Entering its tenth year since the fall of the authoritarian President Suharto, Indonesia has progressed towards consolidating its democratic system, respecting rule of law and resolving ethnic grievances.
Notably, after a couple of false starts, the direct election of President Susilo Bambang Yudhoyono helped consolidate Indonesia’s reform process. Yet despite this progress, Indonesia retains a blot on its democratic and human rights record; that of West Papua.
There was some hope after 2001 that Indonesia’s process of political and economic decentralization would allow West Papua a degree of genuine autonomy.
On paper, the “special autonomy” package offered to West Papua, and Indonesia’s other formerly troubled province of Aceh, looked to address many outstanding issues.
Yet as has since been noted by many observers, West Papua’s “special autonomy” status has been methodically undermined until it has become next to meaningless.
In particular, dividing the province into three provinces, later ratified by Indonesia’s constitutional court as two, destroyed much of the substance of its autonomy package. A proposal to create even further provinces even further diminishes the original “special autonomy” package.
Meanwhile, since the redeployment of troops following Aceh’s successfully negotiated peace settlement, West Papua has seen a significant build-up of soldiers and paramilitary police. The human rights situation, while not at record bad levels, has consequently deteriorated.
Underlying West Papua’s problems with Jakarta has been the means by which the territory was incorporated into the state in 1968. In this, a little over one thousand hand-picked village leaders were compelled to ratify West Papua’s forced incorporation into Indonesia in 1963. This process was sanctioned by the UN, but has since been discredited.
West Papua was not only constructed by many Indonesian leaders as central to completing their nationalist project, but the wealth it generates has since underpinned Indonesia’s economy.
As a largely self-funded institution, Indonesia’s military, the TNI, also has a major economic stake in West Papua, and for both reasons is profoundly opposed to its separation.
Yet for a wealthy province, most West Papuans are poor, have abysmally low levels of education, health care and other development indicators.
And, as Melanesians, West Papuans are looked upon by malay Indonesians with attitudes ranging from pity to contempt. Many Indonesians, in particular in the military, regard West Papuans as being less than fully human, which has exacerbated human rights abuses.
Following the Aceh peace agreement which has seen that province prosper in peace over the past two years, many West Papuan political leaders hoped for a similar resolution.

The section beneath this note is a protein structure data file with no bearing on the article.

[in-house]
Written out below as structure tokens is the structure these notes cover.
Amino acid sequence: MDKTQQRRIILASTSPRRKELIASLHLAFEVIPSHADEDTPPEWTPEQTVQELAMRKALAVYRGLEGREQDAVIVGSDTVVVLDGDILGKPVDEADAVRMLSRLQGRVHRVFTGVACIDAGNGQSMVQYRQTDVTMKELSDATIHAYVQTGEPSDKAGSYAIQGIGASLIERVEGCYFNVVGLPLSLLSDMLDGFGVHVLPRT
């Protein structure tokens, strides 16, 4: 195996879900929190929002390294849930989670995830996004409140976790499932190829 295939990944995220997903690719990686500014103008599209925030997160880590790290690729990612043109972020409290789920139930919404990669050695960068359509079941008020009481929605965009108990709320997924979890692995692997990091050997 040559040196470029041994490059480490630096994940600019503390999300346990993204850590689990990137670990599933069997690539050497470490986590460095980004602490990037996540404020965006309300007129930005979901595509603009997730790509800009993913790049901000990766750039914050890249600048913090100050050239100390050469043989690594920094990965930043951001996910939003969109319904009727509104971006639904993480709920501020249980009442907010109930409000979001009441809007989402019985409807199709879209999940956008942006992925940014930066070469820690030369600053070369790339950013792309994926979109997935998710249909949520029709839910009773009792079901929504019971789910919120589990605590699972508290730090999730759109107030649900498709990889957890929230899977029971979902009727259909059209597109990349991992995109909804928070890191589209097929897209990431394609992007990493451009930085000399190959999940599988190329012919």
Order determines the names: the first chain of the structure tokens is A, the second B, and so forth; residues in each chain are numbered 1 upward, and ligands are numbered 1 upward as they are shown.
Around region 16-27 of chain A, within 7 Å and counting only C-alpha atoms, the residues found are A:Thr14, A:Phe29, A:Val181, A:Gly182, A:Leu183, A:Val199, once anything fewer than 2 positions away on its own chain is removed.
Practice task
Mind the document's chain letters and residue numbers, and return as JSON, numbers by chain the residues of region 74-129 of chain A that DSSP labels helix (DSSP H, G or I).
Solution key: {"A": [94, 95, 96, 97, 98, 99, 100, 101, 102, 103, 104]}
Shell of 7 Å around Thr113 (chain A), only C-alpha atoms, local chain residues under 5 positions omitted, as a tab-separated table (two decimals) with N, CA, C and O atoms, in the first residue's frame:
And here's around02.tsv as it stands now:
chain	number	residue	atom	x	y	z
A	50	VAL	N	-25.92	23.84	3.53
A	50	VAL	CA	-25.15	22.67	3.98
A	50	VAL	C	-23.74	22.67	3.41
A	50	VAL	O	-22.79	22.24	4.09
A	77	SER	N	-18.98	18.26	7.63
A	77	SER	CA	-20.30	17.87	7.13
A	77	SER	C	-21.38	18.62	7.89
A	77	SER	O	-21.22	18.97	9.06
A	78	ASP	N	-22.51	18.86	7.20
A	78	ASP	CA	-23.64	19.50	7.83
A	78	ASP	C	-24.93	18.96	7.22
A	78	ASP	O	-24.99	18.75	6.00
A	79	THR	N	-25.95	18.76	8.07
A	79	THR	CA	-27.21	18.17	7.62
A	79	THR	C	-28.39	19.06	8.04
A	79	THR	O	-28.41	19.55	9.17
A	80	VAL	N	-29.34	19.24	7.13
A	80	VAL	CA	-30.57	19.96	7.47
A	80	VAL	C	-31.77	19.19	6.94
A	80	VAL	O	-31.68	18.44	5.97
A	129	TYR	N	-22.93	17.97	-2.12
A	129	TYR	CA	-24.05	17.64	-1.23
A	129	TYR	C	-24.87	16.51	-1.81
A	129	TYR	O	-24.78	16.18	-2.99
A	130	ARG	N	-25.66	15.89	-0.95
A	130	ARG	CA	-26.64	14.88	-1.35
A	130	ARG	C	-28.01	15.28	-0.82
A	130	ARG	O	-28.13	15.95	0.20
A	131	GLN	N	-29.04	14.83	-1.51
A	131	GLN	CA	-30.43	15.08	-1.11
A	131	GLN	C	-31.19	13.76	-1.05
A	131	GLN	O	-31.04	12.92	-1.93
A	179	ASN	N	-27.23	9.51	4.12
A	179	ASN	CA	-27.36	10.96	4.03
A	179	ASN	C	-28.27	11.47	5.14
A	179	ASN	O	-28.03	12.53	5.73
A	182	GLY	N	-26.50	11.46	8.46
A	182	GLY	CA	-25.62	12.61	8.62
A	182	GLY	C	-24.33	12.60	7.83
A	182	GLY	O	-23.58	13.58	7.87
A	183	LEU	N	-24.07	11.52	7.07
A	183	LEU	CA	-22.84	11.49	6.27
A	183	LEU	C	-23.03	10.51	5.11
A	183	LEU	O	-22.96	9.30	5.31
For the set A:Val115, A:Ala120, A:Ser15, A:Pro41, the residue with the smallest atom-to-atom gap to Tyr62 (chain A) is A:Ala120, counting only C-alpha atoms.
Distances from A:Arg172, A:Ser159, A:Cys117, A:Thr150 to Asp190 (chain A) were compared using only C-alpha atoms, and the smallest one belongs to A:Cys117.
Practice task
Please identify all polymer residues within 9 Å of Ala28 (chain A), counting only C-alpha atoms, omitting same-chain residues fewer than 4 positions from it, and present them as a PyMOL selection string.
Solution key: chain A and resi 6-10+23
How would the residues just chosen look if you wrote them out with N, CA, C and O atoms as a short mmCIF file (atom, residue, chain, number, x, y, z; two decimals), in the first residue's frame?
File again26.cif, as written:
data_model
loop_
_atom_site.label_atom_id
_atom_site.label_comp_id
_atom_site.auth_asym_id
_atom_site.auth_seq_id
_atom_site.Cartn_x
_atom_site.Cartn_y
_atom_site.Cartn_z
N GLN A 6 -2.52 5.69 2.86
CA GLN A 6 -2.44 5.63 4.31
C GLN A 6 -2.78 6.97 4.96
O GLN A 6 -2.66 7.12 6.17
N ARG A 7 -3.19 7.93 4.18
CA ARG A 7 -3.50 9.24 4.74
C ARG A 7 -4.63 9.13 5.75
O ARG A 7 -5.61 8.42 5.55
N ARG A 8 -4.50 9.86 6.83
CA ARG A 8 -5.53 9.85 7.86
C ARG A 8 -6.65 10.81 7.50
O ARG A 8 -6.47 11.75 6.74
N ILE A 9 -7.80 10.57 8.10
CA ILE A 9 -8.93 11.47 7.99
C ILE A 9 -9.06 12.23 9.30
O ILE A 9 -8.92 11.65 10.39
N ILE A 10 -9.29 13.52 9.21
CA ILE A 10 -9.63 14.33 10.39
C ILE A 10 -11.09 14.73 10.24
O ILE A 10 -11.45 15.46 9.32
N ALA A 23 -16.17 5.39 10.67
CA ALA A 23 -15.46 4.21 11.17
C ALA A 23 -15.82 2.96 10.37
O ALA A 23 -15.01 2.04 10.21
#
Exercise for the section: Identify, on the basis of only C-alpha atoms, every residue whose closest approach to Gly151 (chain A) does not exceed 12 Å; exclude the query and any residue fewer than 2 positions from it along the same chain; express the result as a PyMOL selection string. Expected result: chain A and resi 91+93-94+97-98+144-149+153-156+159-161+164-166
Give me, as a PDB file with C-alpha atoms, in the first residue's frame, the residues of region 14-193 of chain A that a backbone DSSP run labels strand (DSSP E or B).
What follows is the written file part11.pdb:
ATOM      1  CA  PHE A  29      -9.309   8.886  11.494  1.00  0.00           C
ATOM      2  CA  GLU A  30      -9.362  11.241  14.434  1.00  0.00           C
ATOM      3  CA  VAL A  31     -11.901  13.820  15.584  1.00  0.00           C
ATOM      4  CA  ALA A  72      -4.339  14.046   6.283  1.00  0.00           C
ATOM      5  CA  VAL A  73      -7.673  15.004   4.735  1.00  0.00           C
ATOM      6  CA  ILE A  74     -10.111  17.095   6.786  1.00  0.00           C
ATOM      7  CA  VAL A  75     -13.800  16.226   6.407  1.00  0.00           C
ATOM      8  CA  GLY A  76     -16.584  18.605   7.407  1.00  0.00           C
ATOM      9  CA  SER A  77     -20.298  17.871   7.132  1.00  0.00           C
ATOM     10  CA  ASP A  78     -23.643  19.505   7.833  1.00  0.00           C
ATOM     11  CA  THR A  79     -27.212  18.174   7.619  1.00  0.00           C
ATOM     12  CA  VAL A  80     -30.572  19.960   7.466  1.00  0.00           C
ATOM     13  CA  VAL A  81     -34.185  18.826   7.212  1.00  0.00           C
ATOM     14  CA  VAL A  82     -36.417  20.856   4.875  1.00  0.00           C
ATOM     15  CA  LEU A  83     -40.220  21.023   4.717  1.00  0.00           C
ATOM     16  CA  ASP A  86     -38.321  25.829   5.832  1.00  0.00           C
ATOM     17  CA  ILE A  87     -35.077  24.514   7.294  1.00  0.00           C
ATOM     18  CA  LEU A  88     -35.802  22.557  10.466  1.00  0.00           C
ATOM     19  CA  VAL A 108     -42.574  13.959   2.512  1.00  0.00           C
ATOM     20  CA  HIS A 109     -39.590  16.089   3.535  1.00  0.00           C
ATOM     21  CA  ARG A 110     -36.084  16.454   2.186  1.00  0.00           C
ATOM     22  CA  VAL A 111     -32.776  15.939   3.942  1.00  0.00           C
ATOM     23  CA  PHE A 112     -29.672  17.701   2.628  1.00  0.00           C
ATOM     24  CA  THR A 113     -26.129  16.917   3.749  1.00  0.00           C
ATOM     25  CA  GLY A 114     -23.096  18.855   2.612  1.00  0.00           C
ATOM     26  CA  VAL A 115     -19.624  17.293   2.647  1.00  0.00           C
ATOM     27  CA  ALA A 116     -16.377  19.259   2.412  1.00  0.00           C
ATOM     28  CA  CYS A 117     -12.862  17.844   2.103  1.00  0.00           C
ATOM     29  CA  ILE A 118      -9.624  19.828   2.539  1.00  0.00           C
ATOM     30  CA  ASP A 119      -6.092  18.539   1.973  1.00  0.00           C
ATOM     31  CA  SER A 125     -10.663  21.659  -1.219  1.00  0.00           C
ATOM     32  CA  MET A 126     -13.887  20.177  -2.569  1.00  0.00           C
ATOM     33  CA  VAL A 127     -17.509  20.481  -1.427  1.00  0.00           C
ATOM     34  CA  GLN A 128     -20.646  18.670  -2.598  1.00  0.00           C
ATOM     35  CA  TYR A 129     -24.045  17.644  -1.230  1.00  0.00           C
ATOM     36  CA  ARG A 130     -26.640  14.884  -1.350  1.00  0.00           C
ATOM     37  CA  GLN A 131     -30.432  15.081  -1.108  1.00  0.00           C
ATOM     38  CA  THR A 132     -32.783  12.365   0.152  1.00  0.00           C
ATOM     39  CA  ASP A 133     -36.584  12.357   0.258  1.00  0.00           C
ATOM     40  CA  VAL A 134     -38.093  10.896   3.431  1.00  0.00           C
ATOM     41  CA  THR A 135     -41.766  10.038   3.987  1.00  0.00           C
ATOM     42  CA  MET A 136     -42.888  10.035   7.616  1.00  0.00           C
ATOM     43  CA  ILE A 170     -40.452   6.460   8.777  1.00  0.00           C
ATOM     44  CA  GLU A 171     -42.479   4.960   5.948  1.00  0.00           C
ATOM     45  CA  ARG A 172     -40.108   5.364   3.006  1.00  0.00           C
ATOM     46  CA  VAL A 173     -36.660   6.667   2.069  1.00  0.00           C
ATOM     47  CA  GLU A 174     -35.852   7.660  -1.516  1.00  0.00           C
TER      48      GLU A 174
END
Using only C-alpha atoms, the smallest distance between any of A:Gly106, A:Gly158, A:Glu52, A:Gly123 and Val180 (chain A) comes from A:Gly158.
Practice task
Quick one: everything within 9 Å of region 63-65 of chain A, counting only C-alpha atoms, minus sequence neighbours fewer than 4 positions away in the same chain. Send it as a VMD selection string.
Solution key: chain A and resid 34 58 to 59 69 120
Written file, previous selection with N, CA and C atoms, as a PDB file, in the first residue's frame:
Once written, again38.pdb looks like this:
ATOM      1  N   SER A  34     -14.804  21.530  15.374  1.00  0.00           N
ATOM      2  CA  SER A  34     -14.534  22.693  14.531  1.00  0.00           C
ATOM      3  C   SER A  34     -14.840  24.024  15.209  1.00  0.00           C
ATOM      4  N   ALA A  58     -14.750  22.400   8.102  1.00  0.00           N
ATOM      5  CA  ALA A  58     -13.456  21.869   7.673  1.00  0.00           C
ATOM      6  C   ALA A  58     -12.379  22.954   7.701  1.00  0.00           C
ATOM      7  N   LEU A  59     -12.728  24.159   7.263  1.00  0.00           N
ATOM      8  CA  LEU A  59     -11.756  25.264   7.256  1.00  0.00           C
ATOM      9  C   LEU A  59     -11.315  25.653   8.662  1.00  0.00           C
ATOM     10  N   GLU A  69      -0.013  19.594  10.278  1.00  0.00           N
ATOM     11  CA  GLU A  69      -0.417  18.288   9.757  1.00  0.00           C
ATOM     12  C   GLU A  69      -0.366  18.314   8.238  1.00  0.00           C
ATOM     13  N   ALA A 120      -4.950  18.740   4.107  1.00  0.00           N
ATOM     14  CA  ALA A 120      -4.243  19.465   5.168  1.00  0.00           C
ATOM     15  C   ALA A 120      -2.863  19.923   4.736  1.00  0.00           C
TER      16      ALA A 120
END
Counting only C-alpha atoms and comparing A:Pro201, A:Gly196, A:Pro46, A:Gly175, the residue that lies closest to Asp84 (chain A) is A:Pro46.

In order to achieve this, last year the province’s disparate political groups, including the Free Papua Organisation (OPM), came together under an umbrella organization, the West Papua National Coalition for Liberation (WPNCL).
The word “liberation” in the WPNCL’s title refers to freeing West Papuans from oppression, not necessarily separating from Indonesia.
However, to date, President Yudhoyono has refused to talk with the WPNCL, at least under international mediation, perhaps fearing political backlash from the often fractious and self-serving politics of Jakarta.
Yet following from Aceh’s relative success, such a process might offer a means of resolving Indonesia’s outstanding separatist issue while significantly improving the lives of a people who have been treated as second class citizens.
From an international perspective, such a resolution would remove a significant impediment from relations with Indonesia, particularly with Australia and the United States.
The West Papua issue retains the potential to destabilize bilateral relations, especially in Australia was faced with accepting another boat-load of West Papuan asylum seekers. Last year’s Lombok Treaty does not trump Australia’s international and humanitarian obligations to legitimate refugees, and the West Papuan issue continues to come up with members of the US Congress.
It is in Indonesia’s interests, and those of its friends, to see the West Papua problem disappear. This cannot happen by sweeping it under the carpet, as with East Timor until the fateful referendum of 1999.
Rather, the problem of West Papua will only disappear when the government of Indonesia decides to seriously address the myriad issues that have bedeviled the territory.
The international community has a role in monitoring events in West Papua, at least as best it can given the continuing restrictions on travel there. And the international community might, as with Aceh, have a role in mediating and overseeing the implementation of any future agreement.
In this, Indonesia can build on its success in Aceh, which brought the government international accolades including Nobel Peace Prize nominations. The question really is, though, whether Indonesia is still serious about reform, or whether the gains of democratization will again be allowed to slip between it political fingers.